“We are seeing an uptick in the donor and lender funding space, but market conditions on the continent are likely to remain exceedingly challenging for the next 12 to 18 months. We will certainly be looking to leverage our strategy and budget accordingly, based on supporting the broader region in which we operate.”

In Africa, this means supporting key clients and projects. “I really do not expect to see huge growth in the African market, apart from activity associated with these key clients,” adds Darrin. Closer to home, he reveals there is a major need in South Africa for planning and modelling to be undertaken in order to accurately gauge the country’s infrastructure deficit. “That work has not been around in any real volume for at least the last 20 years.

Getting the basics right

“The reality is that we really need to get the basics right first in terms of essential infrastructure such as water, wastewater, roads, power and telecoms before we begin to look at more advanced initiatives such as e-mobility or smart cities. If there is any good to have come out of Covid-19, it is the fact that it has accelerated the uptake of digitisation by at least ten to 15 years. This massive leap forward means there is definitely a silver lining in the way that we are now able to deliver projects.”

He concludes, “Despite these advances, what happens next is critical. We need to see the public sector drive the infrastructure rollout to assist the ailing economy, especially in terms of getting the basics right first. Only once these pieces of the puzzle have fallen into place, will we be able to proactively and effectively plan for a future that will benefit generations to come.”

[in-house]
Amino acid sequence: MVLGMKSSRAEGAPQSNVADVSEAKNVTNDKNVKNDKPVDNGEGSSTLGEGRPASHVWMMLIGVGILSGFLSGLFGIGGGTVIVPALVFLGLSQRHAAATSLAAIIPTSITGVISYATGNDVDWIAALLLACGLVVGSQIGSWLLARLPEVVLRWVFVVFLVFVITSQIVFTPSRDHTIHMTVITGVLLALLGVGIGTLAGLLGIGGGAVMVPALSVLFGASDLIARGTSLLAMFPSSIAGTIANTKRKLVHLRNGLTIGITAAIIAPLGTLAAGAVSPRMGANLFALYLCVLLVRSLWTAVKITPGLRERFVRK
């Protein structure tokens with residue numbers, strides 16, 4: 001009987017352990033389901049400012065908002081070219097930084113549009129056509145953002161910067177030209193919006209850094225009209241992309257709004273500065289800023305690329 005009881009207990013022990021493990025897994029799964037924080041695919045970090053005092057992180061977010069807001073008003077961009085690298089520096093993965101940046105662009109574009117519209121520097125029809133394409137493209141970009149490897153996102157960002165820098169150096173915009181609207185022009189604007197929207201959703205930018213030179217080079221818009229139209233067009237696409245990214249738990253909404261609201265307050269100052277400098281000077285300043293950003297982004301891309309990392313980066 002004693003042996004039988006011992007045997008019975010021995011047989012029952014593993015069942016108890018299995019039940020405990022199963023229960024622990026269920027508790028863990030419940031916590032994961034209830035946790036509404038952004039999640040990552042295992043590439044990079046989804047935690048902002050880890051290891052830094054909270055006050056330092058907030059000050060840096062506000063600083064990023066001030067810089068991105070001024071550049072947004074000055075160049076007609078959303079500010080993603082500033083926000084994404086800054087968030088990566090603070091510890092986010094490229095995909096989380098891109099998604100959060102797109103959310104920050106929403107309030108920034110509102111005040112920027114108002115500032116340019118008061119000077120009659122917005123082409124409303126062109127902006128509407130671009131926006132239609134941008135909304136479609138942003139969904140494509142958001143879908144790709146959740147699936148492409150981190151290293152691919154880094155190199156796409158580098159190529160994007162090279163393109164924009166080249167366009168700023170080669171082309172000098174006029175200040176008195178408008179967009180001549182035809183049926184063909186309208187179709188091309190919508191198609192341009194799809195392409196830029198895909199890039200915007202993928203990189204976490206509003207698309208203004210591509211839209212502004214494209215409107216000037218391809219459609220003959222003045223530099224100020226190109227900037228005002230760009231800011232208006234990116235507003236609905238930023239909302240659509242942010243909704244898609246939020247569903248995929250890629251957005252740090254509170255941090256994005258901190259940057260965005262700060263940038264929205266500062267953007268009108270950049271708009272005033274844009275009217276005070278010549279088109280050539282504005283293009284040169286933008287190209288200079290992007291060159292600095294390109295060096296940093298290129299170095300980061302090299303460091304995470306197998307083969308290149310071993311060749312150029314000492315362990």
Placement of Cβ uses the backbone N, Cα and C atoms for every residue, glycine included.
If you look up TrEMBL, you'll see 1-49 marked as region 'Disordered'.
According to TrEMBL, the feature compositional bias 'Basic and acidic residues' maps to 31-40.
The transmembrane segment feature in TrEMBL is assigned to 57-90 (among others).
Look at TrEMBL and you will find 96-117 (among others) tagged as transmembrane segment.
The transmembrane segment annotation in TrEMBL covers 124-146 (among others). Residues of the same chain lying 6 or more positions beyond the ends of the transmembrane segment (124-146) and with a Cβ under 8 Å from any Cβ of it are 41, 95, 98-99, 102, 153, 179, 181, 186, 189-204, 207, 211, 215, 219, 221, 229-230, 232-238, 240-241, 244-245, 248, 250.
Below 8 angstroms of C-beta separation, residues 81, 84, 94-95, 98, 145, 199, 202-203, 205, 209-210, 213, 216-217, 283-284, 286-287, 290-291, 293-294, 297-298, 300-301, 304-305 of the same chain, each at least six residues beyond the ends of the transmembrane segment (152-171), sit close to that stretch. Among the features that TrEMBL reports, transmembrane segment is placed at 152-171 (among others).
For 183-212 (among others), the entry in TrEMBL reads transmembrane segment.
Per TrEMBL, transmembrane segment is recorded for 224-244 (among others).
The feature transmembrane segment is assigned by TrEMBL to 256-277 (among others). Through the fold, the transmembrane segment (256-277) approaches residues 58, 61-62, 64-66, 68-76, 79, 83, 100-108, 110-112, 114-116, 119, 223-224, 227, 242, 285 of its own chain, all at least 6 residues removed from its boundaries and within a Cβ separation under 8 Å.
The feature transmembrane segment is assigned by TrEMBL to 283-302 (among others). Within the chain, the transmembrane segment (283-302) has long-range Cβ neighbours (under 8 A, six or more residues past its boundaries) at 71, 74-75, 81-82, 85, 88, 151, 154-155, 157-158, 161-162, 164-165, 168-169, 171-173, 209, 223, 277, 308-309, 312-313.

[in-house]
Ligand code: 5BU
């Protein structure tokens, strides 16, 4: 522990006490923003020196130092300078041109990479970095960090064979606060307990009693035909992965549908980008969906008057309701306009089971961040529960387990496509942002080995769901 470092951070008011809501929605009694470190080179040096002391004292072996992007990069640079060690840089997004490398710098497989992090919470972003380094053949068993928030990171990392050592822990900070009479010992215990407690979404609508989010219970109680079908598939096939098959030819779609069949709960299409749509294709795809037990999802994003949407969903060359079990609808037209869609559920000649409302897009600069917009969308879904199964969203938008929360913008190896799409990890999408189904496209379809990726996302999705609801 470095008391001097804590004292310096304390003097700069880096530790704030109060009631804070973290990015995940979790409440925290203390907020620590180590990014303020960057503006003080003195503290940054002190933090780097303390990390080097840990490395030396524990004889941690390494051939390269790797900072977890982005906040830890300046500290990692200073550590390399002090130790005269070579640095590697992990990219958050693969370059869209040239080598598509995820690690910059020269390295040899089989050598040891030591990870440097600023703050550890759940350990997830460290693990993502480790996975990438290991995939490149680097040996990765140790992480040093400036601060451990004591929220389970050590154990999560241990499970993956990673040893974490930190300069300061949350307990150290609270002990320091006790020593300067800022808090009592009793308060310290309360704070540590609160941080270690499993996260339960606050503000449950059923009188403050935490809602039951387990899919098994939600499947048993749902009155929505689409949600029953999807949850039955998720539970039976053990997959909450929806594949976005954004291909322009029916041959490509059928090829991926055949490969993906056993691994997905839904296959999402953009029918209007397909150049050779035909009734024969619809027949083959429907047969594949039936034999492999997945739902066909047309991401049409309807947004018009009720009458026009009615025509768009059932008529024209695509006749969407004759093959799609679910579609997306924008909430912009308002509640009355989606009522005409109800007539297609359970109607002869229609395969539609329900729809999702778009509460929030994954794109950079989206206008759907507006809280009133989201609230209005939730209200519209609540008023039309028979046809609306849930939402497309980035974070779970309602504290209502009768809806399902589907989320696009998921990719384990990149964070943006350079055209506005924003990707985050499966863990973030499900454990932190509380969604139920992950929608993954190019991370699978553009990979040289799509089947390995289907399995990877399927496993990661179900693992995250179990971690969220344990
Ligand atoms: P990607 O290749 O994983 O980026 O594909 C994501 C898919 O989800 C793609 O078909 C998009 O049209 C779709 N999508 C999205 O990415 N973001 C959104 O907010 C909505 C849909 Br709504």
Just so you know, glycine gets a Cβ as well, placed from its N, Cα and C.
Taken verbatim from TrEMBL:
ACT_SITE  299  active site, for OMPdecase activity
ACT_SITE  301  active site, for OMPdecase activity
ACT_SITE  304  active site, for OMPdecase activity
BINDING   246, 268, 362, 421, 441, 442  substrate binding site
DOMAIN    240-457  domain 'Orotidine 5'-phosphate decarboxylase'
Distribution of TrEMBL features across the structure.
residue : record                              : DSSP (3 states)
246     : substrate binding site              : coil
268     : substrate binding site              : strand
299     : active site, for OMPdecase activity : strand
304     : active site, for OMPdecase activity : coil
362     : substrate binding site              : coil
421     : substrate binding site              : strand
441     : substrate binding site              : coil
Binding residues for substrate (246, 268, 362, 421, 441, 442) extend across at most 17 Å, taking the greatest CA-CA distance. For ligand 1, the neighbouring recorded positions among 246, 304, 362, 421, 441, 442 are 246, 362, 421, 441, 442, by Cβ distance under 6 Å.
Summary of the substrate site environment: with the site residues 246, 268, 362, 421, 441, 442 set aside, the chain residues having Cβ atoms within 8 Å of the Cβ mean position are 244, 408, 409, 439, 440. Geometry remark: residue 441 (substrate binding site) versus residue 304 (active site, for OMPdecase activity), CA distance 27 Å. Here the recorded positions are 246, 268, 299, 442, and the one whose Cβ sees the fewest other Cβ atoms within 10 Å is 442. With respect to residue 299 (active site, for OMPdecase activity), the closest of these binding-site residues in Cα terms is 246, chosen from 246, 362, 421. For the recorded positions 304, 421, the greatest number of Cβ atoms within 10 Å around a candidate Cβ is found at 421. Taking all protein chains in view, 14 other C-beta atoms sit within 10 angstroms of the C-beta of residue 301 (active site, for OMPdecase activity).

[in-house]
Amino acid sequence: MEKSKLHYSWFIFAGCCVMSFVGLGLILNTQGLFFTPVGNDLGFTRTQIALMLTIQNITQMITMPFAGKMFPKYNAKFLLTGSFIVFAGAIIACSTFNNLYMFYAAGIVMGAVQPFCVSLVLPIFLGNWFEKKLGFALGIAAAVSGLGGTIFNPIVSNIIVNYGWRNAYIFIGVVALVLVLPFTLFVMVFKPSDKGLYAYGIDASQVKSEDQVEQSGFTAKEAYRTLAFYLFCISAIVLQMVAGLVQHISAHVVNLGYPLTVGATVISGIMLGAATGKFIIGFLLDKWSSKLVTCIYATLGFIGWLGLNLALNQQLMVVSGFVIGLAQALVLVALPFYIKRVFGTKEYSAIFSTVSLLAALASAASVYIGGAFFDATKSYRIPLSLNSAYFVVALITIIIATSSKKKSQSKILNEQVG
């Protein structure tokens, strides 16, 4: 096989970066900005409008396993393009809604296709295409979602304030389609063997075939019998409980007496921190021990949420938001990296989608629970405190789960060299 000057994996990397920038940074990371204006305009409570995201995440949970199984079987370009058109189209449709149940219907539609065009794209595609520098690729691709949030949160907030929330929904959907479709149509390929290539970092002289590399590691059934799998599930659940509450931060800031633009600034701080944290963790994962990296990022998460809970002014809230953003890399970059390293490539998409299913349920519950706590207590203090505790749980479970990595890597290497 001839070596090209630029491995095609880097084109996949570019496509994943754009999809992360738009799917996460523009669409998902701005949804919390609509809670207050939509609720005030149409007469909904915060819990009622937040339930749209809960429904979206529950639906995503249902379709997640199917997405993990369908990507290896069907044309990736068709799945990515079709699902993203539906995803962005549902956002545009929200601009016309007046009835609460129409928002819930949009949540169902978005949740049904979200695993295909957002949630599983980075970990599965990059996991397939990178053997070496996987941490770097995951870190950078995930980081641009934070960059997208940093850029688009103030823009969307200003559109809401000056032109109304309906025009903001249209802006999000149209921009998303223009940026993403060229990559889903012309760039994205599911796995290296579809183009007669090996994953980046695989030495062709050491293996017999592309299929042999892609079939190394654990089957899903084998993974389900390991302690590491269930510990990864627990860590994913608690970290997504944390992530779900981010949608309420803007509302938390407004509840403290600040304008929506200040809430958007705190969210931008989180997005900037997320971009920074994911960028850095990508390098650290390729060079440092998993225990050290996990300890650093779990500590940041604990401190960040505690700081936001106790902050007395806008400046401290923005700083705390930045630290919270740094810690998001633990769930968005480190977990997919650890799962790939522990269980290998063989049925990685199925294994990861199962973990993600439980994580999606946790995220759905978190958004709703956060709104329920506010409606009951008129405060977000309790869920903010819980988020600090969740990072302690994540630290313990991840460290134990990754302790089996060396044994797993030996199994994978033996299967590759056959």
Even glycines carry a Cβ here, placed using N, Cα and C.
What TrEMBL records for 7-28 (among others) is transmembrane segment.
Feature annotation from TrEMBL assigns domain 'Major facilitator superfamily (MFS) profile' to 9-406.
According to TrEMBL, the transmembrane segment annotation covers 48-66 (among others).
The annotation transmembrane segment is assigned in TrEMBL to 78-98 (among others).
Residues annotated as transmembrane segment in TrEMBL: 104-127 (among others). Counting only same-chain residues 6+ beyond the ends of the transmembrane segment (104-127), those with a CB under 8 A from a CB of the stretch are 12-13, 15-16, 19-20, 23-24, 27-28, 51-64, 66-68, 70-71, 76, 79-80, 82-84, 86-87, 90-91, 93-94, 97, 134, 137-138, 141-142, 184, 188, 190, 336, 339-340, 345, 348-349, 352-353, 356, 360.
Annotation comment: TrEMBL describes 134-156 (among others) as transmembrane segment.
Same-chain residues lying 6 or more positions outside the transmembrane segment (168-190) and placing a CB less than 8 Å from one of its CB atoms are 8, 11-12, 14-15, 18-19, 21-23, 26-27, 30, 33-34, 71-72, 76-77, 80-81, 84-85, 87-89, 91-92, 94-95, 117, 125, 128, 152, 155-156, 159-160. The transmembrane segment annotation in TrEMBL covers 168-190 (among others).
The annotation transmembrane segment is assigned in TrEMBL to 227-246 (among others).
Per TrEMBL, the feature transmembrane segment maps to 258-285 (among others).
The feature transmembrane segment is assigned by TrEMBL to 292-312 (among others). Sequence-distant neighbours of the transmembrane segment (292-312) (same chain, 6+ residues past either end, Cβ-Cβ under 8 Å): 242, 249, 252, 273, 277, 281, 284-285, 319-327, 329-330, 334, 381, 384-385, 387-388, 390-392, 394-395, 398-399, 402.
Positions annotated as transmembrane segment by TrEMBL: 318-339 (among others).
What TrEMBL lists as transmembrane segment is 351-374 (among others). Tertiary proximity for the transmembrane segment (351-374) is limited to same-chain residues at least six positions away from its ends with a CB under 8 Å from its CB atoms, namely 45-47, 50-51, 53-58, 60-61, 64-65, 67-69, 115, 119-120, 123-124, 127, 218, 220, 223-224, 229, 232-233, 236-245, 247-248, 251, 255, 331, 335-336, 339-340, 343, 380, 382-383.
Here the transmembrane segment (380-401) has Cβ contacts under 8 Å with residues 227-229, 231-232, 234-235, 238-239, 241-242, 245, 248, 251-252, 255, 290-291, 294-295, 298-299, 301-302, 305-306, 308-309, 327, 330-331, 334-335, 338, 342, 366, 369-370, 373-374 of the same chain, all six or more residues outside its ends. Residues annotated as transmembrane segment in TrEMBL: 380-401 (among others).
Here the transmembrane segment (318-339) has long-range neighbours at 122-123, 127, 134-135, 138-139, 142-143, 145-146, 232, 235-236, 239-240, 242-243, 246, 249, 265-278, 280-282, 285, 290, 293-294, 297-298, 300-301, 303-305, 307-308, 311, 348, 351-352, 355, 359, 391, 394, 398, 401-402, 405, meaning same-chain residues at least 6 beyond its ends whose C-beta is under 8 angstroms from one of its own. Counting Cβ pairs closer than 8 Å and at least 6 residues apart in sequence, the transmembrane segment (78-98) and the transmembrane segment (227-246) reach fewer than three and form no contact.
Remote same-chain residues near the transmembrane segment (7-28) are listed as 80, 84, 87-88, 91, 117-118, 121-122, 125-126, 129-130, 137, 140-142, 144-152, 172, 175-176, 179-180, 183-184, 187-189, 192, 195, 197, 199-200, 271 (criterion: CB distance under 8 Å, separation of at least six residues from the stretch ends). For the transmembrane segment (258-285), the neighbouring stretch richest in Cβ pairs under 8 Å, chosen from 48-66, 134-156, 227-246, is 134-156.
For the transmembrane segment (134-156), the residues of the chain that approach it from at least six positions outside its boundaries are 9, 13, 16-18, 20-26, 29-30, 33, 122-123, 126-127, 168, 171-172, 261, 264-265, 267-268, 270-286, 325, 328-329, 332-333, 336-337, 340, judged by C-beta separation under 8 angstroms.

As one of the world’s trusted infrastructure consulting firm, Aecom is proud of its involvement with the Tema Port expansion project in Ghana. Says Aecom Africa MD, Darrin Green, “This is the sort of mega project that makes the rest of the world sit up and take notice of what Africa is capable of in terms of delivering infrastructure.” 

One of the biggest infrastructure projects of its kind on the continent to date, Aecom recently received an ENR Global Best Projects Award 2021 for its work. Apart from the port itself, the firm was involved with the new liquefied natural gas (LNG) import terminal at the existing port, which will be finally commissioned in 2022.

“This project is testament to the resilience of our teams and our ability to work under the most challenging conditions due to Covid-19. From constraints in terms of site access and being unable to travel across borders due to shifting lockdowns, we still managed to carry out projects successfully in Ghana, Mozambique and Lesotho, among others.”

As part of the Middle East and Africa region, the firm’s local expertise and experience is also much in demand in other countries such as Saudi Arabia, where various smart city projects are underway. “We are increasingly picking up international work, which is a reflection of how solid our business model is,” adds Darrin. Aecom in South Africa has even undertaken work in Australia, New Zealand and the US.

Hardest year to date

“That is fantastic for smoothing out the troughs in our local market, as well as giving ourselves invaluable global exposure. It is also what makes our firm an increasingly attractive option for up-and-coming young engineers, allowing us to tap into the cream of the crop globally.

It is this strong international presence that has allowed Darrin to weather what he terms as “the hardest year in my 30-odd years in the industry,” both for consultants and contractors. While 2020 saw an overlap of projects from the previous year, the pipeline finally dried up in 2021 due to the combined impact of the local lockdown and a troubled global economy.